The term “Asian carp” refers to four species of carp native to the rivers of China and Southeast Asia. All are capable of growing larger than 60 pounds.

Like the common carp, imported from Europe in the 1800s, the fish are in the minnow family.

They’re big minnows.

And like the common carp, Asian carp are quick to establish populations and spread. 

The four Asian carp include the grass carp, black carp, silver carp and bighead carp.

The grass carp (aka white amur) was imported for aquatic weed control. The other three — black carp, bighead carp and silver carp — were imported for various aquaculture purposes.

All four Asian carps live in rivers and are thought to require flowing water for successful spawning. 

Black carp eat molluscs: snails and freshwater mussels.

Snails are the intermediate host for flukes that infect catfish and hybrid striped bass. Black carp, by ridding the pond of snails, breaks the chain of hosts and eliminates flukes in catfish and hybrid striped bass.

Asian carp of present and greatest concern are bighead carp and the silver carp, collectively called “bigheaded carps” by biologists. 

Bighead carp eat zooplankton and, therefore, competes with the adults of a few fish, such as paddlefish and shads, and the young of almost all fishes. 

Silver carp are the “flying carp” that exhibits frenzied jumping when boats pass nearby. Of the two bigheaded carps, silver carp appear to be the greater threat in waters in and around Mississippi.

Silver carp eat phytoplankton, which form the base of the food web upon which all fish depend.

Silver carp are abundant in some areas of the Mississippi River and become particularly abundant in floodplain lakes.

Here’s a brief summary of the status of bigheaded carps in Mississippi and neighboring states:

Arkansas: Common to abundant in the Mississippi River, the lower Arkansas River, the lower Black River, the lower St. Francis River and the lower White River.

Louisiana: Abundant throughout the Mississppi River to Head of Passes, the lower Red River and throughout the Atchafalaya Basin. Expansion is expected up the Red River.

Mississippi: Abundant in the Mississippi River, floodplain lakes and the lower Yazoo River, but tributaries have not been thoroughly assessed.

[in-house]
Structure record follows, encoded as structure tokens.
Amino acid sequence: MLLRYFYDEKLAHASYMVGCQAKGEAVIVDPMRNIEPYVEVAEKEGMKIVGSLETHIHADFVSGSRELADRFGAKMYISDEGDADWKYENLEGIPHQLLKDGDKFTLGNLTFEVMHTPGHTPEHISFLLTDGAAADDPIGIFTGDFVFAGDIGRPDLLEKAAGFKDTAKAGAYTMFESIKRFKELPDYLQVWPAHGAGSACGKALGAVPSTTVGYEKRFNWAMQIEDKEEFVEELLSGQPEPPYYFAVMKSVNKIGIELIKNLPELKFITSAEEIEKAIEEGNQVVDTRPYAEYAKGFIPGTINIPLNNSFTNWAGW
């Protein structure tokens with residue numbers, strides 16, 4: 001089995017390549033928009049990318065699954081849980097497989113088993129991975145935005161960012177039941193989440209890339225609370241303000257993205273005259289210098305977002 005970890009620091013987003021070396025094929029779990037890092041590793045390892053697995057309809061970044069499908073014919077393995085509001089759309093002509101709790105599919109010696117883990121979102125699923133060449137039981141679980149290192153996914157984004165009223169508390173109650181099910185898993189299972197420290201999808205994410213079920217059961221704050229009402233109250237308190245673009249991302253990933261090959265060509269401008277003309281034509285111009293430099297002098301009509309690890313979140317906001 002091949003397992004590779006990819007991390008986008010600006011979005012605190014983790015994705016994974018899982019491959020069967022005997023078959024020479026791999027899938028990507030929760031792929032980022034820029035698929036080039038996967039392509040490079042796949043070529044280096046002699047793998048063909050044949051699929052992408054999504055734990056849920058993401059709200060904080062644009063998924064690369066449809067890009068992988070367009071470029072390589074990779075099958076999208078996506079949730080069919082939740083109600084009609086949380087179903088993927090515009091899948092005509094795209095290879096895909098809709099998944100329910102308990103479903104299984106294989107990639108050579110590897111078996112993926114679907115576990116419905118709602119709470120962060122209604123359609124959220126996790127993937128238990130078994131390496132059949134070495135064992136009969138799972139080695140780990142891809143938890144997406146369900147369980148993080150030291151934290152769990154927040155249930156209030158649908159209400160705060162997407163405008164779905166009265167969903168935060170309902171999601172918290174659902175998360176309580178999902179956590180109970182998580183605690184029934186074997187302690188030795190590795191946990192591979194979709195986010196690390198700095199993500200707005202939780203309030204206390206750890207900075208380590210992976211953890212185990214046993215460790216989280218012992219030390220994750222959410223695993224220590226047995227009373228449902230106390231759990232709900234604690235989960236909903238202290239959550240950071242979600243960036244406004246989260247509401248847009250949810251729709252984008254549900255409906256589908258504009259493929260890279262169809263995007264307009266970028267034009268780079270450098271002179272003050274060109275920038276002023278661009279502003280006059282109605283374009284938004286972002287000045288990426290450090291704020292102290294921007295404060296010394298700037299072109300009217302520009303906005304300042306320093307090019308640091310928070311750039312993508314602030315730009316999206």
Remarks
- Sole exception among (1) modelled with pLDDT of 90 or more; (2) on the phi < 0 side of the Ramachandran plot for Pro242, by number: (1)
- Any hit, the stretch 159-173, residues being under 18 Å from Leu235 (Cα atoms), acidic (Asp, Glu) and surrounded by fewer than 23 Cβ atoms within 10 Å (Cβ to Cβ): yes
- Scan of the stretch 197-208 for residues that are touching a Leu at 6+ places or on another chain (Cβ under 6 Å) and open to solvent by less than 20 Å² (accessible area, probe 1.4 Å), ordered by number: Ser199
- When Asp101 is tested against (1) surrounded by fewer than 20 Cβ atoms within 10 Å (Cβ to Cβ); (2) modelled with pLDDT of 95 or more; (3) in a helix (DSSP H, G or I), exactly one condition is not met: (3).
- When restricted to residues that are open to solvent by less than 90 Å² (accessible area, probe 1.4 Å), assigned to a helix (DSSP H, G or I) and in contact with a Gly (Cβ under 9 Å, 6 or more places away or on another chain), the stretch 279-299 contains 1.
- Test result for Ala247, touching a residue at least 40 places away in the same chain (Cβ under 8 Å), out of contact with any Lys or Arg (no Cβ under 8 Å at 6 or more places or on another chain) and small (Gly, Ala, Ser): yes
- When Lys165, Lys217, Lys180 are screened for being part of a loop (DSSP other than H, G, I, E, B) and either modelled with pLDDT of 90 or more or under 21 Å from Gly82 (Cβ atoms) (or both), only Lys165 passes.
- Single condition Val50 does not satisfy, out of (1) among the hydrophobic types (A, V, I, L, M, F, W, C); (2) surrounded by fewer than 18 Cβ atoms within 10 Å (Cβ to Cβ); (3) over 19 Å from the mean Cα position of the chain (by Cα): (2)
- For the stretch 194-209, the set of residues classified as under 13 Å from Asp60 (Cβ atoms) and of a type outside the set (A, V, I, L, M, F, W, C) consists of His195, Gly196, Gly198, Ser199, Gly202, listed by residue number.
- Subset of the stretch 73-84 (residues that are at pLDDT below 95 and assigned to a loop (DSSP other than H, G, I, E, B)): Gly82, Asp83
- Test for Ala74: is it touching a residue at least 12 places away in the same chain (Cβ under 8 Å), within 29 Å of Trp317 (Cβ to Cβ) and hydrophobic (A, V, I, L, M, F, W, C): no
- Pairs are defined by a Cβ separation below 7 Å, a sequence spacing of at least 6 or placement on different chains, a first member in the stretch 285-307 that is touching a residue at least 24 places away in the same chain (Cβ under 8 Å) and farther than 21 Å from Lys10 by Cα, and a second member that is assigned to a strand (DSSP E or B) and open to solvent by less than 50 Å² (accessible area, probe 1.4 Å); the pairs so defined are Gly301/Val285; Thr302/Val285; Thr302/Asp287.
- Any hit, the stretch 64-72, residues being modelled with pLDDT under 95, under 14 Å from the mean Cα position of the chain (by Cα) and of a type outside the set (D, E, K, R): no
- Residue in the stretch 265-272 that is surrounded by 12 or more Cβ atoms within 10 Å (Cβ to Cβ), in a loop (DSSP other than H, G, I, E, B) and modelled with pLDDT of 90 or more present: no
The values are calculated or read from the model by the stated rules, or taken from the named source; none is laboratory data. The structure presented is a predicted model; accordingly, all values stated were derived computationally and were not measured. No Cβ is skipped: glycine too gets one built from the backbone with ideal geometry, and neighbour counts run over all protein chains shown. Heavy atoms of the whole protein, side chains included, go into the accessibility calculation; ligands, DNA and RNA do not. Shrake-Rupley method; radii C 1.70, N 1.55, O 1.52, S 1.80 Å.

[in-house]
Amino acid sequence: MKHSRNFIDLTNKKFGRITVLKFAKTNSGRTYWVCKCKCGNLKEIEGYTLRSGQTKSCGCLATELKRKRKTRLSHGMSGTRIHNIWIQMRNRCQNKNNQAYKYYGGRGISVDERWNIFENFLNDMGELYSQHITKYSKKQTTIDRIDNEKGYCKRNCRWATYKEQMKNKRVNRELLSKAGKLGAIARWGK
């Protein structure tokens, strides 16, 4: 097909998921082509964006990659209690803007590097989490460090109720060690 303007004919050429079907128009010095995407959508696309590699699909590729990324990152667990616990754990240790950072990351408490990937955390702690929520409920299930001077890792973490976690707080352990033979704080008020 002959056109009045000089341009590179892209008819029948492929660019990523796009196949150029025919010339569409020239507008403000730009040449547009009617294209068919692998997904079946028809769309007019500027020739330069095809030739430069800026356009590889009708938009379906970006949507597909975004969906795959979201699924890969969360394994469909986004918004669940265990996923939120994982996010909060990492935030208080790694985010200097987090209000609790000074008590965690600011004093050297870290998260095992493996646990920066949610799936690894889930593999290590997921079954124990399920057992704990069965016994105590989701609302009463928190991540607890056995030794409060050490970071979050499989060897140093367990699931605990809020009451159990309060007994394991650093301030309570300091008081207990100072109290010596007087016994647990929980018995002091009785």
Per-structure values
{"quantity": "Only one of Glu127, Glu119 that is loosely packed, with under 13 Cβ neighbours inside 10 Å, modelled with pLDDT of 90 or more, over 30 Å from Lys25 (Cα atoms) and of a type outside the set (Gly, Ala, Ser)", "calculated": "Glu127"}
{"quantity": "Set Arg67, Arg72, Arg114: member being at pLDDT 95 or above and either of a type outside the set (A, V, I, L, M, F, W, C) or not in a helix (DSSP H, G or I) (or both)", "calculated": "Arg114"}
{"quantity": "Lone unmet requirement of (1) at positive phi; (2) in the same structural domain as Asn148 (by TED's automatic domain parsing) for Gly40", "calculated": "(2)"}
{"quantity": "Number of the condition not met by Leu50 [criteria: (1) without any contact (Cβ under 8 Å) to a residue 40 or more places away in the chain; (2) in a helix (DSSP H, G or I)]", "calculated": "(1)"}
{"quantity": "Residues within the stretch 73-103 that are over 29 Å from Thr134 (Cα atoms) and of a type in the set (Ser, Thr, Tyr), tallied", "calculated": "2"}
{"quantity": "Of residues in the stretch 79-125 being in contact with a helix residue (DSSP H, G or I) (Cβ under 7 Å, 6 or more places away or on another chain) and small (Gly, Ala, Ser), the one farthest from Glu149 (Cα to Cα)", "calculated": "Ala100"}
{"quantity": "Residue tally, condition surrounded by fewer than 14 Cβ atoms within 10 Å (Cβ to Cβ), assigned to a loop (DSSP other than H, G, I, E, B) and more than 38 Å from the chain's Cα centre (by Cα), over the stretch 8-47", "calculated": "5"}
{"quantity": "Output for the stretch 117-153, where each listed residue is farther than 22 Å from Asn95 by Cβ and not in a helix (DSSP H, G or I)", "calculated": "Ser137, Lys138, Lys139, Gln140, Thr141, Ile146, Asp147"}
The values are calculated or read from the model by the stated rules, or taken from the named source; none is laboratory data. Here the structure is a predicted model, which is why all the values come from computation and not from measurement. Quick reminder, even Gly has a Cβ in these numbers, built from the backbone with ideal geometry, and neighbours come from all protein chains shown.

Asian carp have entered the Tennessee River via the Ohio River, and are present in Kentucky Lake.

According to Tyler Stubbs, MDWFP northeast district fisheries biologist, a few adult silver carp have been collected in Pickwick Lake, but the fish have not yet entered the Tenn-Tom Waterway.

It is apparent these fish thrive in our rivers and connected waters, and that they are capable of rapid upstream expansion.

I would expect bigheaded carp to rapidly become abundant if they enter the Tenn-Tom. The shallow, nutrient-rich system closely resembles the Illinois River system where bigheaded carps can exceed 2,000 pounds per acre in shallow river lakes.

While a series of locks and dams separate the 10 lakes in the Tenn-Tom Waterway, locks and dams are not a barrier to these rapidly expanding exotics.

Asian carp are considered a major threat to aquatic ecosystems and human health and safety, and millions of dollars have been spent attempting to contain them. Systems evaluated and in place include electric barriers, seismic water guns, bubble screens, carbon dioxide diffusers, strobe lights and various combinations of these deterrents.

I’ve learned not to underestimate technological development, but at present most of these systems only repel or reduce passage of most Asian carps. 

The electric barrier installed to keep Asian carp from moving from the Illinois River into Lake Michigan might be working, but many argue it will not prevent the invasion.

The presence of Asian carp can be monitored by testing the water for their DNA, a surveillance technique called eDNA. Asian carp eDNA has been detected in Lake Michigan in the vicinity of where the Illinois River, via the Chicago River, enters Lake Michigan.

And small fish are less vulnerable to electric fields than large fish, and critics of the barrier question whether it will effectively stop passage of small Asian carps.

Unfortunately, based on their rapid expansion throughout the Mississippi River basin, I can only conclude that invasion of the Tenn-Tom Waterway by Asian carp is not a question of if but when.